Penn State New Kensington focuses on King's legacy
Recognizing that the late Rev. Martin Luther King Jr. was more than just a champion of racial equality, Penn State New Kensington officials on Tuesday honored King's broader legacy.
In addition to a celebration of diversity, the annual campus Unity Day also touched on volunteerism, community involvement, access to education and the elimination of poverty.
“We wanted to honor Dr. Martin Luther King Jr. with a day that brings this community together,” said PSNK Chancellor Kevin Snider.
Sandwiched between an opportunity for nonprofit organizations to advertise volunteer opportunities and an evening performance by the August Wilson Center Dance Ensemble was a panel discussion on hunger, homelessness and education.
Moderated by Audrey Murrell, an associate professor of business administration, psychology, public and international fairs from the University of Pittsburgh, the panel featured five community representatives with backgrounds in one or more of those topics.
• Patrick Coulson, the coordinator of the Westmoreland County Community College's New Kensington Education Center
• Scott McMannis, a community engagement specialist with Westmoreland Community Action's Westmoreland Circles Initiative that promotes community involvement to end poverty
• Sam Goldstrohm, an Armstrong County district court judge and professor of administration of justice at PSNK
• John Pallone, the new superintendent of New Kensington-Arnold School District, an attorney and a former state representative from the 54th House District
• Karen Snair, executive director of the Harrison-based Allegheny Valley Association of Churches, whose programs aim to address poverty, homelessness, hunger and unemployment.
Poverty can be cyclical
Panelists named issues from the devolution of families to a lack of transportation as contributing factors to poverty.
Snair said poverty often is cyclical — her organization assists many of the same families repeatedly through the years.
Not only do those families lack a support system in the way of helpful family or close friends, but their children also are echoing their parents' choices, Snair said.
Pallone said many of the young people he's encountered, both through the school district and as a foster parent, don't have good role models in their family lives.
Coulson agreed. He noted that his own parents divorced when he was a teenager and he subsequently lacked parental guidance.
Once he entered college and the workforce, Coulson said he had to seek out mentors to help him fill in the gap in life and people skills he was lacking — a problem many of his students encounter as well.
McMannis said he'd like to see more community involvement in the problem of poverty. He noted that about 20 percent of the population is living below the poverty level in his Circles organization's service area of Arnold, Lower Burrell and New Kensington.
“How does it become all of our problem?” he questioned. “We don't really see them (the poor).”
Goldstrohm, a district judge for 32 years who said he is old enough to recall King's Poor People's Campaign, which was was begun shortly before King's assassination in 1968, said the search for quick solutions often contributes to crime and destitution.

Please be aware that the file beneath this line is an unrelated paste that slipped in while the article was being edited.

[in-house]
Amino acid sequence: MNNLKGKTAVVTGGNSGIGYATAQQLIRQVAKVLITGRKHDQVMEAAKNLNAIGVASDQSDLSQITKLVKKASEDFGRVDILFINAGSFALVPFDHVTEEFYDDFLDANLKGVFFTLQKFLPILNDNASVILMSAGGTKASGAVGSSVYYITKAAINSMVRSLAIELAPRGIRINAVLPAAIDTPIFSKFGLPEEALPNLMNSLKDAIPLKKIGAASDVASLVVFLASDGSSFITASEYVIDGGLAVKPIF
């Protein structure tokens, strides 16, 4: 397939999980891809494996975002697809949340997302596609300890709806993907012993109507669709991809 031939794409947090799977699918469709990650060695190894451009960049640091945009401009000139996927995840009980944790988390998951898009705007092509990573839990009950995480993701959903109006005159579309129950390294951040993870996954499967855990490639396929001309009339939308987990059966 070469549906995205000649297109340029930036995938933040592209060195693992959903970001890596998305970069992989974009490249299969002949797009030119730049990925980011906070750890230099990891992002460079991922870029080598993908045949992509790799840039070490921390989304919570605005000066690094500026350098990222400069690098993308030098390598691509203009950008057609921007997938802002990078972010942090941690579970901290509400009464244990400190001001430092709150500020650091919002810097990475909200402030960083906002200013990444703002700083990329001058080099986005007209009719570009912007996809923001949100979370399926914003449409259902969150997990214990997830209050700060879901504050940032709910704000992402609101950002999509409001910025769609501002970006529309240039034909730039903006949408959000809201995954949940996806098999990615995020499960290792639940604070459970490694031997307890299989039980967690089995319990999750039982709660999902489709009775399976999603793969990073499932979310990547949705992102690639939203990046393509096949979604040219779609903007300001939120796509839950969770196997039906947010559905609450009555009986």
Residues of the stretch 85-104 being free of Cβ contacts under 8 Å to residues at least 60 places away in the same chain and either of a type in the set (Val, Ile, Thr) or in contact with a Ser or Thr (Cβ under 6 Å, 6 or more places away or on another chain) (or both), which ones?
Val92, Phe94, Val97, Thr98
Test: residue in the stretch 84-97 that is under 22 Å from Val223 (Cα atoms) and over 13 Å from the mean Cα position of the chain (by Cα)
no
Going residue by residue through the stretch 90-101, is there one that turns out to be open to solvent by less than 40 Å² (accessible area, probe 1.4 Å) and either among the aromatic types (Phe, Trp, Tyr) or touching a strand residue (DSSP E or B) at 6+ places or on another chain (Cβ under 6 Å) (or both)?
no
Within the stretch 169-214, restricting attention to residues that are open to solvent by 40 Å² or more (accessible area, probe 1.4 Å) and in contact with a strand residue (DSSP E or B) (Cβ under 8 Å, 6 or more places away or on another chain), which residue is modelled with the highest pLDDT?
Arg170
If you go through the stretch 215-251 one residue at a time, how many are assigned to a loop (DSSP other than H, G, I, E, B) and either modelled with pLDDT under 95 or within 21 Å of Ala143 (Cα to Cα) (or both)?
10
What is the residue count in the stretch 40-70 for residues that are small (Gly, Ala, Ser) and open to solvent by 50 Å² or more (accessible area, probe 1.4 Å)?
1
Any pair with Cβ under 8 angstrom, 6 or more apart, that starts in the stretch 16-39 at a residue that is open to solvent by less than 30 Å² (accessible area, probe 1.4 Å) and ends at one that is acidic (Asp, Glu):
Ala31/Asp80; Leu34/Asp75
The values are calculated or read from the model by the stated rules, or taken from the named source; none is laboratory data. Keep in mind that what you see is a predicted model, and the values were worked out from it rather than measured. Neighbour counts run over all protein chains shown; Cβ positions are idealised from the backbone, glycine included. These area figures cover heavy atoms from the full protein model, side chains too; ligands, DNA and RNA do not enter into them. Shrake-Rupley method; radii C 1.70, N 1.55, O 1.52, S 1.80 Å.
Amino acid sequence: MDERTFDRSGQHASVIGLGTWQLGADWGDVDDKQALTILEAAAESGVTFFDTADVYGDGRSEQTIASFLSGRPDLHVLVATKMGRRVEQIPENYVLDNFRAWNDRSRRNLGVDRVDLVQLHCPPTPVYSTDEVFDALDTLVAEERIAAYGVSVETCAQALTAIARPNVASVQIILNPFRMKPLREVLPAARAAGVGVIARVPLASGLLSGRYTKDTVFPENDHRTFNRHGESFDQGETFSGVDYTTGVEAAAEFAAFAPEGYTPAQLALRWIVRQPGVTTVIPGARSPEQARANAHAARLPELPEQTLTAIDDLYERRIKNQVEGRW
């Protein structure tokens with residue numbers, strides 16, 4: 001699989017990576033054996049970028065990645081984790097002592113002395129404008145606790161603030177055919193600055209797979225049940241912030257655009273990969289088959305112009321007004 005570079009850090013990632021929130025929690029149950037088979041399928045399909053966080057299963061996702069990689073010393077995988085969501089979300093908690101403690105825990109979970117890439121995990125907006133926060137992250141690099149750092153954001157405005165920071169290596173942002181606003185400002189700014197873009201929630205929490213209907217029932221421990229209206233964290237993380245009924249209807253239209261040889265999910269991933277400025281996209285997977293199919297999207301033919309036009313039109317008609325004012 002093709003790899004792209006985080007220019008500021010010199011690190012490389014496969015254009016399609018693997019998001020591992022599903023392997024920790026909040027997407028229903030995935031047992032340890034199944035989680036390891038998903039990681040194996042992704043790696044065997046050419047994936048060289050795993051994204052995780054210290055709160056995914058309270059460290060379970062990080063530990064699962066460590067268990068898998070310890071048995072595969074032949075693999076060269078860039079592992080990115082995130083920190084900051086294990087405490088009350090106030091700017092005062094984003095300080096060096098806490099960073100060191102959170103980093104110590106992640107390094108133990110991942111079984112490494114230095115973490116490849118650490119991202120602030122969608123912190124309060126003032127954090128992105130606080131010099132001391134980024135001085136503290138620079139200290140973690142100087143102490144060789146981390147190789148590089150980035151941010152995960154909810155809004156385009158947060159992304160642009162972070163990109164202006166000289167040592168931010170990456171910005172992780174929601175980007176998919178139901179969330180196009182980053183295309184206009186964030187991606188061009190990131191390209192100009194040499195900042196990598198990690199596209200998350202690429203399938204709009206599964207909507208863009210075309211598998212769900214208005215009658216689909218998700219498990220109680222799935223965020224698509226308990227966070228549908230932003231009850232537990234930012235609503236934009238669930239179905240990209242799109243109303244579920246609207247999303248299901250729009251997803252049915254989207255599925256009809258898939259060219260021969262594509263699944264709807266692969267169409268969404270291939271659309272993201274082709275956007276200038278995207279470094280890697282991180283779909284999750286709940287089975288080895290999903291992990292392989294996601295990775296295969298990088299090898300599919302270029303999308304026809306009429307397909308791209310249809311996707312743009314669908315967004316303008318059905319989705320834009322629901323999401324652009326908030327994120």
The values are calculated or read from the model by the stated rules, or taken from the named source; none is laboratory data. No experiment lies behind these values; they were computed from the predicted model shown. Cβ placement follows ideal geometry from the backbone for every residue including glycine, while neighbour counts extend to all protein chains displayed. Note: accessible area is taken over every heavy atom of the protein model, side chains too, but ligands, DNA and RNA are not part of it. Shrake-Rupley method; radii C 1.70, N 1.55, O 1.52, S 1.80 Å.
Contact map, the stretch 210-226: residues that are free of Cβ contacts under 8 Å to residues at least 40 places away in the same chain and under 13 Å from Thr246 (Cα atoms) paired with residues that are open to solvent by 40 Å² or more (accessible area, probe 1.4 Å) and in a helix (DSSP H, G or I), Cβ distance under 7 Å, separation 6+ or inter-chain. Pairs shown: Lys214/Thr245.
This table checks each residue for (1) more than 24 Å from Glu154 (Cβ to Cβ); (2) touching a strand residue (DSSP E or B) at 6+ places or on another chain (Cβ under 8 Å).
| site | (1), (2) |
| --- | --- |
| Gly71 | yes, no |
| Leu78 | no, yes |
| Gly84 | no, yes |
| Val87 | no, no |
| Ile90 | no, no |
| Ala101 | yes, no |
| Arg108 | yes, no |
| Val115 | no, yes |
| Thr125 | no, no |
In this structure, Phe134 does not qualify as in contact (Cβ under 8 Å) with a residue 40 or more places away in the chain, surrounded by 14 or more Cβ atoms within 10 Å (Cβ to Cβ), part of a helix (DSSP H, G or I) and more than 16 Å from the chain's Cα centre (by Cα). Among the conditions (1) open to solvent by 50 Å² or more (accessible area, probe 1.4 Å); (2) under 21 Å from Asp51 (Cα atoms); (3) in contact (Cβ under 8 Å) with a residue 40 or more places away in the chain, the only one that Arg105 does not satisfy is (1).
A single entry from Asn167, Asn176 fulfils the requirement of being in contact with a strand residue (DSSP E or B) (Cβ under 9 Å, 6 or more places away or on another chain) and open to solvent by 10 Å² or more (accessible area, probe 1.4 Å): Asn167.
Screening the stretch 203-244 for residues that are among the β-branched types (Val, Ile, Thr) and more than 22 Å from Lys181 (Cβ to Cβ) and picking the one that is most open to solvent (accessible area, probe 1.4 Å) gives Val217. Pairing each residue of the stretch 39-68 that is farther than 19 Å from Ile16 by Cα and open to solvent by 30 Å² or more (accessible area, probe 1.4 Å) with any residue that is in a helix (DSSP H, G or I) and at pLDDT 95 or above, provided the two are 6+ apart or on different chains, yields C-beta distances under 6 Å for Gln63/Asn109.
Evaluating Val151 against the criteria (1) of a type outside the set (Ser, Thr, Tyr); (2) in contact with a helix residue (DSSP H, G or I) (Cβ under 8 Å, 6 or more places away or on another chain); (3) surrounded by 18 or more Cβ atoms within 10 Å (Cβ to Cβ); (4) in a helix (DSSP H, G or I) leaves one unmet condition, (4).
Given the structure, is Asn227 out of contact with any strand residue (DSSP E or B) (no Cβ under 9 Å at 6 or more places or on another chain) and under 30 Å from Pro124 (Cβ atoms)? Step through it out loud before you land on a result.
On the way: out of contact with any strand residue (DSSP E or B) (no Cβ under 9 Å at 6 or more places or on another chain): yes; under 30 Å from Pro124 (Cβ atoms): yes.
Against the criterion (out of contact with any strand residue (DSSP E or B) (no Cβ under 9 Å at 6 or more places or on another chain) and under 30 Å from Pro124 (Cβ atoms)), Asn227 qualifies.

McMannis added that many who already are poor don't have the luxury of planning ahead: “When you're in poverty, you live in the moment with no future plan.”
Even those who are getting by can quickly land in trouble when faced with circumstances like death, divorce and debt, McMannis said.
Stress on young people
Murrell noted that debt in the form of escalating college loans is particularly troubling for young people these days.
Snider agreed, although he added that some students don't manage the money they have wisely. Even though many are struggling to work and go to school at the same time, they also feel they must have a smartphone, cable television and a car, he said.
Snider and Pallone said there is a sense of immediacy for younger generations that can be a disadvantage.
“They want what you and I have right now,” Pallone said. “They don't want to earn it.”
Community spirit on the rise
But Pallone said youth today also have developed a community spirit that perhaps was lacking in earlier generations.
Rather than “being an island on their own,” he said they're building their own support networks.
Theresa Bonk, PSNK's director of student affairs, agreed: “I see such hope. Their ability to work together to accomplish a task is large.”
Combining forces key
Perhaps that spirit will drive one of McMannis' goals for breaking the poverty cycle: connecting the disparate social services to combine forces and reach more people in need.
Coulson said he believes that already is happening, with colleges like Westmoreland Community College and Penn State New Kensington partnering with each other and other organizations to address student needs.
That never would have been considered a college's purview a few generations ago.
Other suggestions included Pallone's recommendation that adults lead by example, providing role models for both impressionable young people and older folks who could be more involved.
Snair said she'd also like to see more programs addressed at young children, which would hopefully prevent them repeating bad habits that lead to poverty and other social problems.
Sitting in the audience, Maxine Howard of Tarentum echoed the sentiments of several panel members.
“We have to be role models and let our young people know what to do,” she said. “I'm truly betting on our youth.”
Liz Hayes is a staff writer for Trib Total Media. She can be reached at 724-226-4680 or email@example.com.
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